"In 1818, the annual gross revenue of the Canal amounted to the sum of 170,000%; it possesses 1400 proprietors; and its shares of 1007. have recently sold at from 2401 to 250%. each. Many of the first capitalists in the kingdom are its proprietors, and its usual routine of business is so conducted as to give satisfaction to all who are connected with it.

"We have exerted ourselves to combine the utile et dulce, and to embellish our descriptions with accurate delineations of the scenery which we have sketched on the spot."

40. A Literal Translation of the Saxon

Chronicle. 12mo. pp. 324, and 96 of
Indez. Printed for Stevenson, & Co.
Norwich; and Arch, London.

Without disparagement to the talents of the Saxon Professor; but, on the contrary, anticipating much entertainment and instruction from his learned and elaborate Commentary, we cannot withhold our commendation of the neat little Volume now before us, and of the meritorious in


dustry of the Translator, and the faithful manner in which she has performed her task, with no other assistance than the printed text afforded.

"The present version was far advanced towards its completion before she was informed, that the Publick was speedily to be indebted to the Rev. Mr. Ingram, for a Collated Edition of these singularly valuable Annals, accompanied by a Translation and Notes.

"Under the expectation of the appearance of a work so much more complete in all its circumstances, the present very li mited impression is intended for private circulation, and executed in a form, which, it is conceived, may render it convenient for reference."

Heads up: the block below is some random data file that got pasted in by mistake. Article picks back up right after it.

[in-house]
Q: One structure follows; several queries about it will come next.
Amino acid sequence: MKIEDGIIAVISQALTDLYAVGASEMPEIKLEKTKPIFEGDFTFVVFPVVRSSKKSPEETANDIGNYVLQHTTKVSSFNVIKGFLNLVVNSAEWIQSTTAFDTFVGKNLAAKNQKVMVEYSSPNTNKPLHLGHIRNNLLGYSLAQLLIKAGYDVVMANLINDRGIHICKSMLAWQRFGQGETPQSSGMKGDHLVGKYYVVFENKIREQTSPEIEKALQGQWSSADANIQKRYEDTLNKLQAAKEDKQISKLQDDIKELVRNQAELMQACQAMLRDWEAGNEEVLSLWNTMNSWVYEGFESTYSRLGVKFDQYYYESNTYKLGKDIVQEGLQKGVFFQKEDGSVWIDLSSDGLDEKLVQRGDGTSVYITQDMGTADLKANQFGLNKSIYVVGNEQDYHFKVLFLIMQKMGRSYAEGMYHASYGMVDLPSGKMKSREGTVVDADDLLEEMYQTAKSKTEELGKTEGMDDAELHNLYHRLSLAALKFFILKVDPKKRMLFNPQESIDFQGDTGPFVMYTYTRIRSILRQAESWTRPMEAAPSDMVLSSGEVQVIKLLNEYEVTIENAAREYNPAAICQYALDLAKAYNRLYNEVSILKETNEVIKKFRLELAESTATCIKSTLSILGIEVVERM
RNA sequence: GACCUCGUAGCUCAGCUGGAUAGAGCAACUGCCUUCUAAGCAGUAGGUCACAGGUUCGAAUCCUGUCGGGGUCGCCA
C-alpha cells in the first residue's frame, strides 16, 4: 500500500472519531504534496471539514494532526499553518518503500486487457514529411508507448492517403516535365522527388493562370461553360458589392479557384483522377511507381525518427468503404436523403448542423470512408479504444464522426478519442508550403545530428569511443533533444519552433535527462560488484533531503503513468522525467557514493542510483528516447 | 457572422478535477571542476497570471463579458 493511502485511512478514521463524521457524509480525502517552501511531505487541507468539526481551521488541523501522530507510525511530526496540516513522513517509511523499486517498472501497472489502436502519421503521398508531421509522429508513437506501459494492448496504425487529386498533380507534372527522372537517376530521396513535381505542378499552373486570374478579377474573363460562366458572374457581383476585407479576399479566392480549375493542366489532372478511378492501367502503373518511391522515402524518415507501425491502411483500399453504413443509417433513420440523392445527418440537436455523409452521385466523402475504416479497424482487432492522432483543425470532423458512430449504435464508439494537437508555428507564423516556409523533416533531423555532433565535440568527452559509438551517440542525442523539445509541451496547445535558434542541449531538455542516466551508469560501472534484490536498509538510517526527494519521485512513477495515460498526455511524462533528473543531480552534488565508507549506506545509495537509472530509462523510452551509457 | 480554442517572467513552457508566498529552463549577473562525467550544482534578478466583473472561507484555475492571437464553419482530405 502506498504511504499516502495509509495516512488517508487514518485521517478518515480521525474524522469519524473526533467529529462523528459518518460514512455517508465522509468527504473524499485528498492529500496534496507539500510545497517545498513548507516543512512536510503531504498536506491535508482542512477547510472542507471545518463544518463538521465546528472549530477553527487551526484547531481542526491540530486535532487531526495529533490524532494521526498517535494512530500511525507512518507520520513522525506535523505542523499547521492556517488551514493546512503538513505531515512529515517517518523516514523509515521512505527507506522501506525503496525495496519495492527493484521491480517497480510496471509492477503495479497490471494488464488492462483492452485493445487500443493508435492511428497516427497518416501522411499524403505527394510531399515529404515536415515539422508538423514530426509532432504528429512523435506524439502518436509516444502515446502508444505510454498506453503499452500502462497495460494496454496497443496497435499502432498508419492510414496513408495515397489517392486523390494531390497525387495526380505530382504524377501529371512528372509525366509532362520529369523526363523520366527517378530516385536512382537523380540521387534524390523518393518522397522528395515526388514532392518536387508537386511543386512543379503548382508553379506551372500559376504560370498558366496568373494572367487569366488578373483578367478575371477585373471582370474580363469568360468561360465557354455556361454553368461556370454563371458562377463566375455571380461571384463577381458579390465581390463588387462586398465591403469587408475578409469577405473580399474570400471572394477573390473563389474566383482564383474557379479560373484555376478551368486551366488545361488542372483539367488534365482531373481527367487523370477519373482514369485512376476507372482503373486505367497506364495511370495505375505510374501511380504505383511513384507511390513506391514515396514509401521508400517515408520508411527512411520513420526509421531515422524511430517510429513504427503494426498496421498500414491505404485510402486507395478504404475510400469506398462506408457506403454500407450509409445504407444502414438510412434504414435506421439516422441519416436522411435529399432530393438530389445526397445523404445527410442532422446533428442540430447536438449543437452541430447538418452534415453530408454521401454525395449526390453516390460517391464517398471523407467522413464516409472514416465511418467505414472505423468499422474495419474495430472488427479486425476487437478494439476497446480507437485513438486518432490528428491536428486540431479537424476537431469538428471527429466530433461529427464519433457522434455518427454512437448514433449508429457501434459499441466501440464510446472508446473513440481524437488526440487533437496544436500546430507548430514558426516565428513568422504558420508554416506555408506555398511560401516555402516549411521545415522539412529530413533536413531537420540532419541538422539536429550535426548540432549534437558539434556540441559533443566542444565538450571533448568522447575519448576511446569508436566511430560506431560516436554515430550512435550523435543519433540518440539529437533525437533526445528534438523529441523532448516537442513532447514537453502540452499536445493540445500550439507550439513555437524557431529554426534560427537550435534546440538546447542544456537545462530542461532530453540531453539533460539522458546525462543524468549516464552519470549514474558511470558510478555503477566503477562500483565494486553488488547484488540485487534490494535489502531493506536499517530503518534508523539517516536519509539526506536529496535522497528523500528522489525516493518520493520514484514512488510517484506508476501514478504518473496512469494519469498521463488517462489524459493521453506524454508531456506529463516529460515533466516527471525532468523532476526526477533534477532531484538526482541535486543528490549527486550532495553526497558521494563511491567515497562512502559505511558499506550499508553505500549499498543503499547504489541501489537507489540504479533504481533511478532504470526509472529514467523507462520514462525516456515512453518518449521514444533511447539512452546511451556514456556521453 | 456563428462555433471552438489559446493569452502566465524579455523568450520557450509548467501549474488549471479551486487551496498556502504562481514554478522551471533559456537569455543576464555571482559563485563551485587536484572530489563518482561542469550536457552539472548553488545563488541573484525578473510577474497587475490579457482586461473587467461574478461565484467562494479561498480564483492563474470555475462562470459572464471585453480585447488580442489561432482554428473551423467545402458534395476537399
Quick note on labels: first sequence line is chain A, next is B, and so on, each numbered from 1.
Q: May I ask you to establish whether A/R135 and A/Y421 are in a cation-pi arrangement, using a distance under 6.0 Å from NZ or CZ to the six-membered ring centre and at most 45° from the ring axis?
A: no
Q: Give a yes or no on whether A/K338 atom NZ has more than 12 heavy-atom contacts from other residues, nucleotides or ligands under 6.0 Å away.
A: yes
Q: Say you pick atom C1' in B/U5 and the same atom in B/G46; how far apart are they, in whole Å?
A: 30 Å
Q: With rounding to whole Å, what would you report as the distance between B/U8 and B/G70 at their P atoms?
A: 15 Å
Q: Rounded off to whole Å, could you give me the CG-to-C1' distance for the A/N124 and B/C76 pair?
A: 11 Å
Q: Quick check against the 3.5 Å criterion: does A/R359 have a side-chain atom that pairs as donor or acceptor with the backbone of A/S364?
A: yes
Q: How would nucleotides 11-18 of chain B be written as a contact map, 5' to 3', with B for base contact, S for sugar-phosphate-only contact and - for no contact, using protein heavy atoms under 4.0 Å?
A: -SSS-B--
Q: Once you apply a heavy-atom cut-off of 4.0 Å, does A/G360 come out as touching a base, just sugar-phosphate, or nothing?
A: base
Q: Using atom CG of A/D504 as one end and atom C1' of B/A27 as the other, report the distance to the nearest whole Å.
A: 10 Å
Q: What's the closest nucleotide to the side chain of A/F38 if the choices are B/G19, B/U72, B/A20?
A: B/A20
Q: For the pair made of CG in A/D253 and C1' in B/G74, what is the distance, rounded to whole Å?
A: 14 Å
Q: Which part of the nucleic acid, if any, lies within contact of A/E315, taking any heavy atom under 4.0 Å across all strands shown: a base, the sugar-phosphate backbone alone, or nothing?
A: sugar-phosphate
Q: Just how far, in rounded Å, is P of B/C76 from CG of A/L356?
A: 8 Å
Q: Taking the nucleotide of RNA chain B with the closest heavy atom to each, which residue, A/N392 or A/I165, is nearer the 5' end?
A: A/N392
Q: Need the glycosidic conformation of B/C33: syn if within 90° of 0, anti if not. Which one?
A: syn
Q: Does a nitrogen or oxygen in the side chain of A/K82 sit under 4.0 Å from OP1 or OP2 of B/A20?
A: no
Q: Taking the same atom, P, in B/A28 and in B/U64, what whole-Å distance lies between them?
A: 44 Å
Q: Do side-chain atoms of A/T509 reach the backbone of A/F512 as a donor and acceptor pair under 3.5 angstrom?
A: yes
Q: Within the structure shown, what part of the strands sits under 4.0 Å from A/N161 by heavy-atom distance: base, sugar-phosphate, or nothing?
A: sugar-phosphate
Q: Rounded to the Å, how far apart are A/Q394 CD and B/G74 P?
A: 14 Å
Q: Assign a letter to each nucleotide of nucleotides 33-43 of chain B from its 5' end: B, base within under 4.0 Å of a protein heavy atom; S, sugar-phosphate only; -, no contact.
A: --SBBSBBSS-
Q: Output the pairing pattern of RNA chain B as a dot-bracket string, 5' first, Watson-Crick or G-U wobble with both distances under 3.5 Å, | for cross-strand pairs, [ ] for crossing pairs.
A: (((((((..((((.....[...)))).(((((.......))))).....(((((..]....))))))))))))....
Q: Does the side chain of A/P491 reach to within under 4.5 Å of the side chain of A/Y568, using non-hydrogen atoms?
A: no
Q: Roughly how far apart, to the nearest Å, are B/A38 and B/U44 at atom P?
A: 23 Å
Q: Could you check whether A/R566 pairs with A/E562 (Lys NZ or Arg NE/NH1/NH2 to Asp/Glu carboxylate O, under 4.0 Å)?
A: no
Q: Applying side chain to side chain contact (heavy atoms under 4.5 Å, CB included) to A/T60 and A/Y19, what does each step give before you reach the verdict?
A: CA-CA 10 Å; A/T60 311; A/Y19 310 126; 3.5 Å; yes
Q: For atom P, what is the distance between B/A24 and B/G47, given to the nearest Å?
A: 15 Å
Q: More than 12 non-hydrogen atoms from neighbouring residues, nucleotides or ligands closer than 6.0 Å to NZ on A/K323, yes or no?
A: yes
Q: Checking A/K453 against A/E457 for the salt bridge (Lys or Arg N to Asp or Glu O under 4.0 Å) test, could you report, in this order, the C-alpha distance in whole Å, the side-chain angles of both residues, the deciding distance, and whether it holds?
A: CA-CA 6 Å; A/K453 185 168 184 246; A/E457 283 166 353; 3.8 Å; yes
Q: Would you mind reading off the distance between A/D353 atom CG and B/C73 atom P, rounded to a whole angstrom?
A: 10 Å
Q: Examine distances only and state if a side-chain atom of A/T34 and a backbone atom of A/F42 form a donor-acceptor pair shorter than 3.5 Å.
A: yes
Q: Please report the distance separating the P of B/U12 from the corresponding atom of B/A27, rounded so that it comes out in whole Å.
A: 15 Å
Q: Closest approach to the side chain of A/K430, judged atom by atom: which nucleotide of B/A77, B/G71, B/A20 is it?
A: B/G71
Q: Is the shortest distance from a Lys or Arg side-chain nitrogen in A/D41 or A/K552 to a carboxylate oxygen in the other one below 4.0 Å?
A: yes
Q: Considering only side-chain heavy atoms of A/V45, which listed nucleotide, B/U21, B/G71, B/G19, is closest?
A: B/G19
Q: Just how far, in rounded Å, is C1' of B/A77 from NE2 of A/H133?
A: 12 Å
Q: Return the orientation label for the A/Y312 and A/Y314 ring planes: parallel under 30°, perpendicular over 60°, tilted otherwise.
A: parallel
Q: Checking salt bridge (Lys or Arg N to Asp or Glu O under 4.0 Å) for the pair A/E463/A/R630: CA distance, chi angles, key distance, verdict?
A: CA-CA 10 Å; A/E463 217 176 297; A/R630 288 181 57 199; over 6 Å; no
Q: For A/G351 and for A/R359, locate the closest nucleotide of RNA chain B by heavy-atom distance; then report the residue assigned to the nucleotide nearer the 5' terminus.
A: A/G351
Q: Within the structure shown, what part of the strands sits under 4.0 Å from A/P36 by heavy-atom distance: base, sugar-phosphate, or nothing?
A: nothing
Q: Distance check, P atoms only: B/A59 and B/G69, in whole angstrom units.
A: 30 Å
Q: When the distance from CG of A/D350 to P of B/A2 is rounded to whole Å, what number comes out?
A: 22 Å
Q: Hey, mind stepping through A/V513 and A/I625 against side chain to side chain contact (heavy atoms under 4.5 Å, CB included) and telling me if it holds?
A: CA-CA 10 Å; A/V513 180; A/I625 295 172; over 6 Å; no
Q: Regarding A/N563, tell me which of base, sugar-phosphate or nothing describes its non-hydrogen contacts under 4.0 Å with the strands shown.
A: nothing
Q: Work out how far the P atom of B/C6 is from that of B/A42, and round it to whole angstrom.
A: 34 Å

As a specimen of Miss Gurney's Translation, and to mark the period to which the Chronicle extends, we select the earliest and the latest entries:

"Octavianus reigned 56 years, and in the 42d year of his reign Christ was born: then astrologers came from the Eastern parts that they might worship Christ, and the children of Bethlehem were slain in Herod's search after him.”

1154. This year King Stephen died, and be was buried with his wife and his con at Favres field (Feversham); they had built that monastery. When the King died the Earl was beyond sea, and no man durst do other than good for very dread of him. When he came to Eng. land he was received with much honour, and was consecrated King at London on the Sunday before Christmas, and he held a great Court there and on the same day that Martin Abbot of Peterborough should have gone thither he sickened, and he died on the 4th of the nones of January. And that day the Monks chose another Abbot from among themselves. He is named William de Waltville, a good clerk, and a good man, and well beloved of the King and of all good people: and they buried the Abbot honourably in the Church, and soon afterwards the Abbot Elect and the Monks went to the King at Oxford, and the King gave him the Ab. bacy, and thus he departed."

41. Enchiridion Roma: or, Manual of detached Remarks on the Buildings, Pictures, Statues, Inscriptions, &c. of Antient and Modern Rome. By S. Weston, F.RS. SA. pp. 183. 12mo Bald. win & Co.

TO the generality of our learned Readers the name of the respectable Author of this Manual is sufficient recommendation; and to the publick is general the book itself cannot fail

of being an acceptable present. Few travellers have visited Rome with a mind better calculated to appreciate the value of its rich store of classical remains.

In a brief Introduction Mr. Weston observes, that

"A great change of feature in the face of antient Rome, and no small improvement in its topography, took place in the year 1780, not long after the visit of the Author of this small Manual to the Imperial city, and a considerable time before the French Revolution, and the conquest of Italy by Buonaparte.